Andrey Rublev shares diagnosis for mysterious illness that left him hospitalized

Rublev spent some time in the hospital after opening up about a mysterious illness following his Madrid win.

by Dzevad Mesic
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Andrey Rublev shares diagnosis for mysterious illness that left him hospitalized
© Getty Images Sport - Clive Brunskill

Andrey Rublev reveals he was hospitalized for two and a half days following his Madrid Masters final but now feels healthy again and there won't be a need for him to skip the Rome Masters.

On Sunday, Rublev clinched his second Masters title after coming back from a set down to beat Felix Auger-Aliassime 4-6 7-5 7-5 in the Madrid final. Moments after sealing a win in a final that lasted nearly three hours and 49 minutes, Rublev made a pretty shocking revelation as he shared that for nine days he was battling a mysterious illness that left his throat "blocked" and that he had to eat baby food because it was almost impossible for him to eat regular food.

On top of that, Rublev also dealt with a physical injury as one of his toes got extremely swollen and he wasn't able to put shoes on his foot until having the foot anesthetized. 

Rublev, who looked a bit concerned when making the revelation, said he would pay a visit to the doctor on Monday to do some testing and see if they could figure out what the mysterious illness. Now, Rublev reveals he was diagnosed with tonsil abscess, a condition that can be very painful - cause swelling - and also make it hard to open the mouth. 

Andrey Rublev
Andrey Rublev © Getty Images Sport - Julian Finney
 

Rublev opens up on his diagnosis and spending two days in the hospital

"I feel now perfect, and I spent two and a half days in the hospital. I had a tonsil abcess," Rublev revealed in Rome. 

"I mean, it was crazy because one day I wake up with my throat double bigger than it should be. So, the hole where you breathe is super small. The throat is super in pain. It's tough to swallow because it's painful. It's tough to breathe because you have less space. 

"And then it started to be all this. Not poison, how do you call this? When you have an infection but like a bad color, so my throat was in an ugly color. And the smell from my mouth, you cannot imagine how horrible it was. I could not take it, and then after the final, I started feeling worse.

"I mean, during older tournaments, I was only feeling worse, worse and worse, and then as soon as I finished the final, early morning went to the hospital. When they did a couple of checks, they check my body and when the doctor did one test or something, he's like, 'Okay, it's an emergency.'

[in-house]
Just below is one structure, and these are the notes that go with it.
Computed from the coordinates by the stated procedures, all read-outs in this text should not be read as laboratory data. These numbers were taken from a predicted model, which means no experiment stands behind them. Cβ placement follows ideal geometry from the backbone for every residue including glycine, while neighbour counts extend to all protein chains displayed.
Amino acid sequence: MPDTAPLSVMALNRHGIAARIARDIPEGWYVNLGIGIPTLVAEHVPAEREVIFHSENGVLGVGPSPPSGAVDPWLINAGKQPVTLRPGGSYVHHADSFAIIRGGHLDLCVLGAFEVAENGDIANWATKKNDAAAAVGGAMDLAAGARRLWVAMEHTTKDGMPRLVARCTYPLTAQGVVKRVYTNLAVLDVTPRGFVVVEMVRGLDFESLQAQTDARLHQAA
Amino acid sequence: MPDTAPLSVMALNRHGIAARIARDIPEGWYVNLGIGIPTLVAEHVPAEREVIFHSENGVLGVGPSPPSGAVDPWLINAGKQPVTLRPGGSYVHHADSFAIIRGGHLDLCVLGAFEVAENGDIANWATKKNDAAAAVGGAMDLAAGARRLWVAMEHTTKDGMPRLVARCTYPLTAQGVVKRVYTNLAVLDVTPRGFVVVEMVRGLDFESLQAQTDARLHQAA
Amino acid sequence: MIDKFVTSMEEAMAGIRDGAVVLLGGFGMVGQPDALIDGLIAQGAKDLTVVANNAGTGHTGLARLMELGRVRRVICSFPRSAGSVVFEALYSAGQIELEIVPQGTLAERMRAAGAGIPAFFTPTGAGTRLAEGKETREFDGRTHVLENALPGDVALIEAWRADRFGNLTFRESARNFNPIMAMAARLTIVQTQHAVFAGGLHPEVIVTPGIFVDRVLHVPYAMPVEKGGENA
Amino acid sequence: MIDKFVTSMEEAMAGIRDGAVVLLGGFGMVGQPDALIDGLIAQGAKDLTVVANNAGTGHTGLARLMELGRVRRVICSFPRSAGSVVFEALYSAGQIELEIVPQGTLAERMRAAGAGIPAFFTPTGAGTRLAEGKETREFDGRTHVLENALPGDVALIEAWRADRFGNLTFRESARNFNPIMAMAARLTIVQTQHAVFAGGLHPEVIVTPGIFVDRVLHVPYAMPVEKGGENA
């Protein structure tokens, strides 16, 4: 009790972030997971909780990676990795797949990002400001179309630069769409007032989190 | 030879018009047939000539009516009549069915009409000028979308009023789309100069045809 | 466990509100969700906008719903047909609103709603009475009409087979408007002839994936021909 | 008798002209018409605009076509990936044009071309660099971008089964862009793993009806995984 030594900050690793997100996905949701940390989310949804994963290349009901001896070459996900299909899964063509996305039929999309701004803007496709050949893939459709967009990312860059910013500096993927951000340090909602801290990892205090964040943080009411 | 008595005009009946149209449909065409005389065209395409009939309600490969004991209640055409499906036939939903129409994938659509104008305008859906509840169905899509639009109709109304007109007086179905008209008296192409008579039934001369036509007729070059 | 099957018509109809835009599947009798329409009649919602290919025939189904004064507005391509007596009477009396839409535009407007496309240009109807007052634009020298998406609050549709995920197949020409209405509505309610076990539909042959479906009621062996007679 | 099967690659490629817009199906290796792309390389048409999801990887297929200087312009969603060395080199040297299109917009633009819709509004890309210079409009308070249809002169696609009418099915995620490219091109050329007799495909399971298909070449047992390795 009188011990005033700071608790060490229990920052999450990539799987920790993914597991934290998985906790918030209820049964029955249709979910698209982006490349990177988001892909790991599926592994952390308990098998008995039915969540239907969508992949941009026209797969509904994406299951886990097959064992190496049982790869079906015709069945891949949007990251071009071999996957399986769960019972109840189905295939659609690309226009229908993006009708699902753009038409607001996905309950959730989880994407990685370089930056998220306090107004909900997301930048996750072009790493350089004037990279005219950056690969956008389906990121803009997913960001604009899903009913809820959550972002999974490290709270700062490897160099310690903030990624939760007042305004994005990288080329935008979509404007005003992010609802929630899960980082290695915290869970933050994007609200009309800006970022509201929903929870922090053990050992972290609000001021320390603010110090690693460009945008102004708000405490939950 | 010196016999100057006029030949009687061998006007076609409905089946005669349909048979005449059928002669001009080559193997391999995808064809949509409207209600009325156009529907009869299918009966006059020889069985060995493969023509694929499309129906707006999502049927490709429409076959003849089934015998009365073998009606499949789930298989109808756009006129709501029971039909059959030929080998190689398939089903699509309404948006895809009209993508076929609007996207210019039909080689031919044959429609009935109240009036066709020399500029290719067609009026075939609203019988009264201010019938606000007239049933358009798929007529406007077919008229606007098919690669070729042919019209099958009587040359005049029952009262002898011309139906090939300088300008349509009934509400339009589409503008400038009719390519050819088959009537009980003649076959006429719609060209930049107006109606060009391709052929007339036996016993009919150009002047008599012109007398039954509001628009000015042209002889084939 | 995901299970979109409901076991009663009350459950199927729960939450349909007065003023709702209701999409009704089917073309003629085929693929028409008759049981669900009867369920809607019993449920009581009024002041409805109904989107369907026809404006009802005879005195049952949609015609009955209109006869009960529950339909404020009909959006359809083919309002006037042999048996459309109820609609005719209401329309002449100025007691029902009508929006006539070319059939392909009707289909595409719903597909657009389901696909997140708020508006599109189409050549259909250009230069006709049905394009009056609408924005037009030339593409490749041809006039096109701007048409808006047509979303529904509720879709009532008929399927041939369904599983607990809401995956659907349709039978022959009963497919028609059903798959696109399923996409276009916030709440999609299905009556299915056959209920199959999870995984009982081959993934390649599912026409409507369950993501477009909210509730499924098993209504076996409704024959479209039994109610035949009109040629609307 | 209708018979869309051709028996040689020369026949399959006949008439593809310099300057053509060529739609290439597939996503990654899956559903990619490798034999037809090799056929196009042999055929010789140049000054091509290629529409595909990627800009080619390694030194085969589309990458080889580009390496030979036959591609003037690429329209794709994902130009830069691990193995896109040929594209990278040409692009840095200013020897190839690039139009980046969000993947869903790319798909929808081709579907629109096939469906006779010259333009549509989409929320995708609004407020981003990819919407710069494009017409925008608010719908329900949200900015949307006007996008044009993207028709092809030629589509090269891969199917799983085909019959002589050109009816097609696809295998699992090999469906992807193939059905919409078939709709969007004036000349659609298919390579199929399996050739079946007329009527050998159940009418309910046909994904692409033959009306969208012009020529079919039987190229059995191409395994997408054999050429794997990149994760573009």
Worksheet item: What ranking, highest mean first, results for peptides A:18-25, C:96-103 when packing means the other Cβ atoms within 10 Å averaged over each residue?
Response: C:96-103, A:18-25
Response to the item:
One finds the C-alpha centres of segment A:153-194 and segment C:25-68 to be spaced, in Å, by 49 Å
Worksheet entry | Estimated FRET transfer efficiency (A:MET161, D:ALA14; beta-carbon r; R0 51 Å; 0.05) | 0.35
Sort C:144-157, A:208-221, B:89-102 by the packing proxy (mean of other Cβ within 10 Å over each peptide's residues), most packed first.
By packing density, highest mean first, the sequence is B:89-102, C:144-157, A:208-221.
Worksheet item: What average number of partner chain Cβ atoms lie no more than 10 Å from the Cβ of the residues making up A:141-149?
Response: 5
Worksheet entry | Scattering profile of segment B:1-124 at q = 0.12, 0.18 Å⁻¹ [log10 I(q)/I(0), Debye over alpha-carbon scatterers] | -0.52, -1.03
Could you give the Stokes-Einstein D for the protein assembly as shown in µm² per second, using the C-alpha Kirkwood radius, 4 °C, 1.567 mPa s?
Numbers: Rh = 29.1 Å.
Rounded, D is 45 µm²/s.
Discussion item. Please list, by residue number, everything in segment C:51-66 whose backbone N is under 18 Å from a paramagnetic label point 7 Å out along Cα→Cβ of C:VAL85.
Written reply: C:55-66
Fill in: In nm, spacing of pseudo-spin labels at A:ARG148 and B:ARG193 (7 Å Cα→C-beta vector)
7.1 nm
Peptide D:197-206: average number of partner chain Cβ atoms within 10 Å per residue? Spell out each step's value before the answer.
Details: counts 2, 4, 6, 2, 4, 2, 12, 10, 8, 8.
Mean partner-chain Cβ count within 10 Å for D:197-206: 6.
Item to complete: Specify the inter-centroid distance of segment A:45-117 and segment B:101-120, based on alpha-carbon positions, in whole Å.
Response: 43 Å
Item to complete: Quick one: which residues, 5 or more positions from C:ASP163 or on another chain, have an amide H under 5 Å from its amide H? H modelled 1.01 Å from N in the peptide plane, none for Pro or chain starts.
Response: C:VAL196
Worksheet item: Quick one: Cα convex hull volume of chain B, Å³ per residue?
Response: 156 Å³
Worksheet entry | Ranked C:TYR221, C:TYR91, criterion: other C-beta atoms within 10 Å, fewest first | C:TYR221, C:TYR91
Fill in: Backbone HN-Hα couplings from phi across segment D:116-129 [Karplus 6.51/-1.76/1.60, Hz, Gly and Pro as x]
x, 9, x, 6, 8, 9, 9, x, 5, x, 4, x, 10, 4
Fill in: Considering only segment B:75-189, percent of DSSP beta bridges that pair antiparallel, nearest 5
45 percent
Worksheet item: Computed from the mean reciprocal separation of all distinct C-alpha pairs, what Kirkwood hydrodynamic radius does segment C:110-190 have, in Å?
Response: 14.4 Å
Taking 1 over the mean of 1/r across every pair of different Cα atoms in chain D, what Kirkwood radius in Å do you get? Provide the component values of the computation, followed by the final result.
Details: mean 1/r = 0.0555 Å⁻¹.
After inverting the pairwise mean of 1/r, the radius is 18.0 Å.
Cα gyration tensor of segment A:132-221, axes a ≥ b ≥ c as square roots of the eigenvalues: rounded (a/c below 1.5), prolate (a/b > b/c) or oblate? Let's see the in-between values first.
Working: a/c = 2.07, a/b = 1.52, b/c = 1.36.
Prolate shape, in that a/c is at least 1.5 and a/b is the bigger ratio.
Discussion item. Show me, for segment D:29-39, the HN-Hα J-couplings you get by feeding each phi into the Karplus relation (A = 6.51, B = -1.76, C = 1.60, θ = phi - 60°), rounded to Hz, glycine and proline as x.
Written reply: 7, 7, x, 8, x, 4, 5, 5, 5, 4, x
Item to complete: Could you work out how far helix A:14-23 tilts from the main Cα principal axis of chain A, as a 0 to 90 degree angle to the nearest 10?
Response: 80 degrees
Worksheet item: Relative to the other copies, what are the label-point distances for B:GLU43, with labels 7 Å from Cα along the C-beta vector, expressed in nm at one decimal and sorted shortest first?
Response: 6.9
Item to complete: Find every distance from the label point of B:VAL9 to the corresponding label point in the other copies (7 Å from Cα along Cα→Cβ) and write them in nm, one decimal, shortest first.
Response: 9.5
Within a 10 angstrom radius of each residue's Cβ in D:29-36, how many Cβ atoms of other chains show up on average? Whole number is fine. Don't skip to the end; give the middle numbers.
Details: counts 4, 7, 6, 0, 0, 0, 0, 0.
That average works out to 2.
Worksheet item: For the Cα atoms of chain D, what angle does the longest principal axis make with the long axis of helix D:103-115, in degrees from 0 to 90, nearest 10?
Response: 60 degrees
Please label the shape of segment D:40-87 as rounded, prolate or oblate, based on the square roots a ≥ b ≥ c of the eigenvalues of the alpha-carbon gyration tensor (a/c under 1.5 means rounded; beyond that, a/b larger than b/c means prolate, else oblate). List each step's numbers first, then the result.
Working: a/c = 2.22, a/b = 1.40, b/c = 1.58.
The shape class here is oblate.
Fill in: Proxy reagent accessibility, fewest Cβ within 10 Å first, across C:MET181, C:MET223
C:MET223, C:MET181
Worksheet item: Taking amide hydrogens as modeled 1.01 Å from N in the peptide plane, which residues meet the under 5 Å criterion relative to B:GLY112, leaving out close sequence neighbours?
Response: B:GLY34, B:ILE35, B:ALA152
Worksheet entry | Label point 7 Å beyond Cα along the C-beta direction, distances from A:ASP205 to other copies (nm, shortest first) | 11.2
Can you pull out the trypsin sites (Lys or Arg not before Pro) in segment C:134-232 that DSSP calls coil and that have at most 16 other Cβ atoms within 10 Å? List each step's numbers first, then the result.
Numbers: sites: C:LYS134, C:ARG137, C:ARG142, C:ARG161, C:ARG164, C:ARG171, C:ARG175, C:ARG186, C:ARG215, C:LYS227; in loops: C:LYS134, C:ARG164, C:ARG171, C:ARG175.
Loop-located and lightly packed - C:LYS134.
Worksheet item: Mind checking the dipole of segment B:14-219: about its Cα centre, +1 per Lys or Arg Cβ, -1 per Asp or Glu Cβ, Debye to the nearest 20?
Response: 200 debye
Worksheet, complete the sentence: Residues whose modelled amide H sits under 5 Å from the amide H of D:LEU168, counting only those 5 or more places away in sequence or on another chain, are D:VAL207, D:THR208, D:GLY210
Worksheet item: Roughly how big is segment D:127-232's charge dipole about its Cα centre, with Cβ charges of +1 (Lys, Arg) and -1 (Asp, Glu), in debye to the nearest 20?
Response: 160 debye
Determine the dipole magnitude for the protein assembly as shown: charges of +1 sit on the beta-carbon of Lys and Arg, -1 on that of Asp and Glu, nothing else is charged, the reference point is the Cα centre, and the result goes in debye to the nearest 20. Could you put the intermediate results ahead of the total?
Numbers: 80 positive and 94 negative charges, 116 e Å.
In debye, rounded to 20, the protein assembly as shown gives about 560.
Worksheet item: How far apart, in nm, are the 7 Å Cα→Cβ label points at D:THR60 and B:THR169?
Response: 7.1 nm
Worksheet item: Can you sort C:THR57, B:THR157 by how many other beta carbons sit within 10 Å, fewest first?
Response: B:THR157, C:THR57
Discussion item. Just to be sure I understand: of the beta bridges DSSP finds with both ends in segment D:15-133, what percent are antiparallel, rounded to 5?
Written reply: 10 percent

"He took me immediately to stay in hospital because it can get completely worse. Since I stay in hospital, after half a day, I feel already better, next day was already feeling so good, and now I'm feeling so good. But nine days, I was struggling a lot."

What Rublev said about his health issues in Madrid?

After beating Auger-Aliassime, Rublev stunned everyone when he revealed that he was close to withdrawing from the tournament. Then, Rublev proceeded to give all the credit to Madrid doctors - he described them as "magicians" and probably the best medical staff he has seen on the Tour. 

"They were doing kind of anaesthesia in my [toe] because my [toe] somehow get inflamed and start to be double bigger and all the pressure start to be on the bone, and the pressure on the bone, when you have pressure on the bone, you cannot even put your feet inside the shoe," Rublev revealed. 

"The feeling is similar to when it's broken, I guess. So that's why they were putting anaesthesia for me to not feel it. Like I say, at least I was able to play without thinking."

Andrey Rublev
Andrey Rublev © Getty Images Sport - Julian Finney
 

During Madrid, a couple of players complained, withdrew or retired due to illness - which led to the rumors of "a mysterious illness" going on around Caja Magica. 

Auger-Aliassime, who was playing his first Masters final, also stunned everyone when he revealed that he also wasn't feeling his best in Madrid and that he thought about withdrawing from his Madrid third-round match before deciding to ultimately play. When revealing that, Auger-Aliassime said it was "a weird week" for him and that he was battling a stomach issue. 

But now, both Rublev and Auger-Aliassime are set to compete at the Rome Open - since they are seeded, they both had a first-round bye as the Russian will play against Marcos Giron in the second round while the Canadian will take on Botic van de Zandschulp in his opener.

After winning Madrid, Rublev will certainly enter Rome feeling good about his level. But he didn't practice for a couple of days after Madrid and it will be interesting to see how well he can do in Rome.

Andrey Rublev
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